WEST RICHLAND, Wash. — The West Richland Police Department (WRPD) said animal control has been successful in locating the owners of lost dogs found throughout the city through the use of social media.
Any post by the Animal and Code Compliance Officer (ACCO) on the WRPD Facebook page is Marissa Rodriguez. When on a call to pick up an escaped canine, the first thing she does is post it to the web.
“If I don’t recognize it, I’ll throw it up on Facebook,” Rodriguez said. “Sometimes we locate owners before I even get there.” It’s her specialty, and very effective.
When animals are found quickly, it can bypass some of the animal control process.
“We haven’t even had to impound a few of them, which is good. I mean, to take the stress away from an animal being transported and sticking them in the kennels,” said Rodriguez.
She said the department gets up to ten dogs in their kennels during a busy week, and locating the owners is the most important thing.
“My goal is to get them back home,” she said.
The impound fee is $35 for a first offense, and $150 for second and on. If that fee is not paid for at the time of release, Rodriguez said the department mails a citation to the owner for an ‘animal at large,’ which is a $75 ticket.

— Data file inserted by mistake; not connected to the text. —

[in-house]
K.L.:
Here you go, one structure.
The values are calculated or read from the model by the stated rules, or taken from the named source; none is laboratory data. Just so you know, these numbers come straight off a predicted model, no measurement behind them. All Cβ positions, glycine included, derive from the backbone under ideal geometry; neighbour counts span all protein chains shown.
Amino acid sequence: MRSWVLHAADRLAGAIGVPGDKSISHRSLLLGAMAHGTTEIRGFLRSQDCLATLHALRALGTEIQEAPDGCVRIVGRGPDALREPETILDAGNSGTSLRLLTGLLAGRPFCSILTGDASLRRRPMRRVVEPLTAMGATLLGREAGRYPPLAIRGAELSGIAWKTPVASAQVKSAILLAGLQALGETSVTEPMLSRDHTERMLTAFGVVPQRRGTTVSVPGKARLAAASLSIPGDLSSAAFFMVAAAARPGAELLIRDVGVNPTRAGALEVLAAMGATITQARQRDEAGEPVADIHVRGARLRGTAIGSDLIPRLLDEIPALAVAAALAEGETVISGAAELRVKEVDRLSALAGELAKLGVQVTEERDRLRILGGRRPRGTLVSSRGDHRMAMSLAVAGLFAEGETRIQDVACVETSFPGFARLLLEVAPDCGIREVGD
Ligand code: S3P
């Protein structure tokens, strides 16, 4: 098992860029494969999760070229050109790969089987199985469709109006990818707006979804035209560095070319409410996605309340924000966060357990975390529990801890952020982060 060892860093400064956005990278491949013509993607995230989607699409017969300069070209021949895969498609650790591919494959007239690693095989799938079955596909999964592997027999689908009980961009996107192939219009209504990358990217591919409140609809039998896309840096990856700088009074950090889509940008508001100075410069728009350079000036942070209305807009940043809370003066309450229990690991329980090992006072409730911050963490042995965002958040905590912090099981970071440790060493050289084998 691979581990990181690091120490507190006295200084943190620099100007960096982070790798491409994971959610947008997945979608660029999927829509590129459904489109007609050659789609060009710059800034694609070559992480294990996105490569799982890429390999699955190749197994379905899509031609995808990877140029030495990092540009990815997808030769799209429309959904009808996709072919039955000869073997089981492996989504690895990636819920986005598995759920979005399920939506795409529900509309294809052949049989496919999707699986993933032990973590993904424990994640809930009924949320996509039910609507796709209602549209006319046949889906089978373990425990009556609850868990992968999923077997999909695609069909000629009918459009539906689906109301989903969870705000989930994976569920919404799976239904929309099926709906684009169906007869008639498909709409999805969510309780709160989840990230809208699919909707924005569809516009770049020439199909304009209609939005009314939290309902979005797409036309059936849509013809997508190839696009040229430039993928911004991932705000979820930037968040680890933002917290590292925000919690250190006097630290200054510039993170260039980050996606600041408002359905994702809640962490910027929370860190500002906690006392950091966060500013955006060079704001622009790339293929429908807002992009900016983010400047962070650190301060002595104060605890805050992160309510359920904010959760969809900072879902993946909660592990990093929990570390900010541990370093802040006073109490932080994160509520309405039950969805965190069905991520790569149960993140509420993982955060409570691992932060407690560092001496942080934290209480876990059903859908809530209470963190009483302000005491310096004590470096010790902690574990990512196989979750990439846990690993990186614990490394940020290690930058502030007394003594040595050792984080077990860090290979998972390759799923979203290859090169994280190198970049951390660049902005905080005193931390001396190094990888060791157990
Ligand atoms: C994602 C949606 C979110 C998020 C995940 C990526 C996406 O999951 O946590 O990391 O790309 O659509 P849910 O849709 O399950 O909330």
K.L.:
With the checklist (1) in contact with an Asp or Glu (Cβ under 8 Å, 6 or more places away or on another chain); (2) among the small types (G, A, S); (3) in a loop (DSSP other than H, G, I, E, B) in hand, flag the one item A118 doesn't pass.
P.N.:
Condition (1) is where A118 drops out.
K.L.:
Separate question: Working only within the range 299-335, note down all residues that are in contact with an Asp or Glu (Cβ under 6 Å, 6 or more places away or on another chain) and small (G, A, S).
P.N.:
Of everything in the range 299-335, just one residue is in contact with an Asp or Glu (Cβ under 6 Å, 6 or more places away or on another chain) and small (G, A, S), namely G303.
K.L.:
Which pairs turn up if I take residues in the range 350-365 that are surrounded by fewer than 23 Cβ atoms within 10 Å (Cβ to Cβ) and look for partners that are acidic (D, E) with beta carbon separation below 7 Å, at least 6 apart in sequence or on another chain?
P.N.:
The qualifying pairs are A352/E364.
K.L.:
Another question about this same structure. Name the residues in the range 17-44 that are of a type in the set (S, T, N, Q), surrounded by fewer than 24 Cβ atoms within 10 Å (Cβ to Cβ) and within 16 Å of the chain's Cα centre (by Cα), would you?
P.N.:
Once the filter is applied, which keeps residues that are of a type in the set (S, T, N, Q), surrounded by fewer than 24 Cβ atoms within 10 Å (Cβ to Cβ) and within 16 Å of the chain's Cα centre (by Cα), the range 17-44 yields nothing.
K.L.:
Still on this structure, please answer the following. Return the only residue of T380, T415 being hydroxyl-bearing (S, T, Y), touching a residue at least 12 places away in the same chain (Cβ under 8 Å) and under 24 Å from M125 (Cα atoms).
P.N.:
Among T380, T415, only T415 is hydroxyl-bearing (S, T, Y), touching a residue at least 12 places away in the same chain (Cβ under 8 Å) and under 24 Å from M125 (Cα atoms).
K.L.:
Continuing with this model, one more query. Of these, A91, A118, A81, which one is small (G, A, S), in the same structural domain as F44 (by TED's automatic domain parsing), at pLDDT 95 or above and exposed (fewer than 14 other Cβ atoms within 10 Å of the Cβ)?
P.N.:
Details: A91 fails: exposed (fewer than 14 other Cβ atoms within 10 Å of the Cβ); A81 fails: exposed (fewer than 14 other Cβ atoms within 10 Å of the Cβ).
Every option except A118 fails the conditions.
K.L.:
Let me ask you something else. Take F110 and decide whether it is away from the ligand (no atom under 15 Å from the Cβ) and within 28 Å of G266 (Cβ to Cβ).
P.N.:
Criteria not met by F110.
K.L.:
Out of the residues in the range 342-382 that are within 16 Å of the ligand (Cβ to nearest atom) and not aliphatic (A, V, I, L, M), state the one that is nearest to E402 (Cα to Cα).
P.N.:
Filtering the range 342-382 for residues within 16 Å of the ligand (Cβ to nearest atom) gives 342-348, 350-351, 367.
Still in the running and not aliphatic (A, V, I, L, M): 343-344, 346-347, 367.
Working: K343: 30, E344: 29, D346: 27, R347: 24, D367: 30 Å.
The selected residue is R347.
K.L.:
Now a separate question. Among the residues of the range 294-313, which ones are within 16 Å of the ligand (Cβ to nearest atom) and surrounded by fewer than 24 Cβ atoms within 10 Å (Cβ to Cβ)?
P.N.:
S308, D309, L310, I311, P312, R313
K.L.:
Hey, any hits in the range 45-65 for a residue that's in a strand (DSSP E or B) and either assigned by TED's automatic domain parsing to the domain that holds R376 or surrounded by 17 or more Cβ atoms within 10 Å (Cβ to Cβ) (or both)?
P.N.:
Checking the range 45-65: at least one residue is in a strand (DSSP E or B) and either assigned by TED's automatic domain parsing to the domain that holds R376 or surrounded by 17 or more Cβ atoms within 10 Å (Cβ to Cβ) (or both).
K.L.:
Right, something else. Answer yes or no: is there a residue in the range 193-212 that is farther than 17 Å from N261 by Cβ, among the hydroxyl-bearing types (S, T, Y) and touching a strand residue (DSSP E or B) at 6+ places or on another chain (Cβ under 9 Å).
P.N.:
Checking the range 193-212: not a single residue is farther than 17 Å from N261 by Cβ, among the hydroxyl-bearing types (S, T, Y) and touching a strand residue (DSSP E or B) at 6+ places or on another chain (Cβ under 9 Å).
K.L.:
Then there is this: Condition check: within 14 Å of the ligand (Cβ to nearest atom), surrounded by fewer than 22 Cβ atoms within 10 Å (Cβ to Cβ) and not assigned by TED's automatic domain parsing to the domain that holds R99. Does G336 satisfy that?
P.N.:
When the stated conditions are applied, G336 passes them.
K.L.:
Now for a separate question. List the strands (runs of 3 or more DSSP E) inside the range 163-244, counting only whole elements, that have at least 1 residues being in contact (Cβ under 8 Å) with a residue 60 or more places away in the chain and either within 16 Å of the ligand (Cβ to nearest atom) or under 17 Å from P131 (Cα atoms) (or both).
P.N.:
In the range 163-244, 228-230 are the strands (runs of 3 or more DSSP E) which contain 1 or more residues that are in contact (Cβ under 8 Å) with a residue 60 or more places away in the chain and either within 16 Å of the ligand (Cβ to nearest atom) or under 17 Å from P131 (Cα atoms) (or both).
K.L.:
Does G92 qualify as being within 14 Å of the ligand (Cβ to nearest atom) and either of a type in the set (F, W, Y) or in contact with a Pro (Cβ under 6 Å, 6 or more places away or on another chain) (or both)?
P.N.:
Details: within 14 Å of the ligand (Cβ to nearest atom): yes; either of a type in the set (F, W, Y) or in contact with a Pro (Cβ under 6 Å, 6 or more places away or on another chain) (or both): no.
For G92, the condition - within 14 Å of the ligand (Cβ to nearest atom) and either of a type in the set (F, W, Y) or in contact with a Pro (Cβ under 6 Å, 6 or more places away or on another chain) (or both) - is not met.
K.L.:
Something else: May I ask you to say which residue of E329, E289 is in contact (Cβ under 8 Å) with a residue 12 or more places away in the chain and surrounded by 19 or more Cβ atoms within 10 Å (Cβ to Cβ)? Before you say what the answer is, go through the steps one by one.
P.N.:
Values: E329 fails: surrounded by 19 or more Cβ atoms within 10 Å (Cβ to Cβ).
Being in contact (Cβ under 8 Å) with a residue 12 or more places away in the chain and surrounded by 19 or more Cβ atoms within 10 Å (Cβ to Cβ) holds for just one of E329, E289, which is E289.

Rodriguez said if an animal is not picked up by the end of the department’s 24-hour hold, they’re passed over to Tri-City Animal Control. This can be a problem locally, due to some animal shelters being at capacity.
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Rodriguez said, “Everywhere, locally they’re at the brim with their animals. They’ve got way too many lost dogs that are, you know, in the kennels and it’s kind of a crisis mode for all animal welfare agents.”
But Rodriguez said out of 88 animals brought into the West Richland Police Department last year, 77 were returned to their owners within the brief holding period.
Rodriguez said in a big part, this is due to the community. She said, “We’re really successful because of our citizens. The citizens that step up and take care of their animals. I mean it’s a huge thing for me to get that compliance and to know that our citizens are actively taking care and responsibility.”
She said, since she started her employment in 2014, 750 animals have returned to their owners. With the high level of support and response on social media for the found dogs, it’s likely the statistic can be attributed in part to the Facebook posts she makes. All she wants, she said, is an empty kennel.
READ: West Richland police introduce new code compliance officer
KAPP-KVEW Staff got the chance to ride along as Rodriguez picked up the department’s most recent found dog on Tuesday! Watch below.
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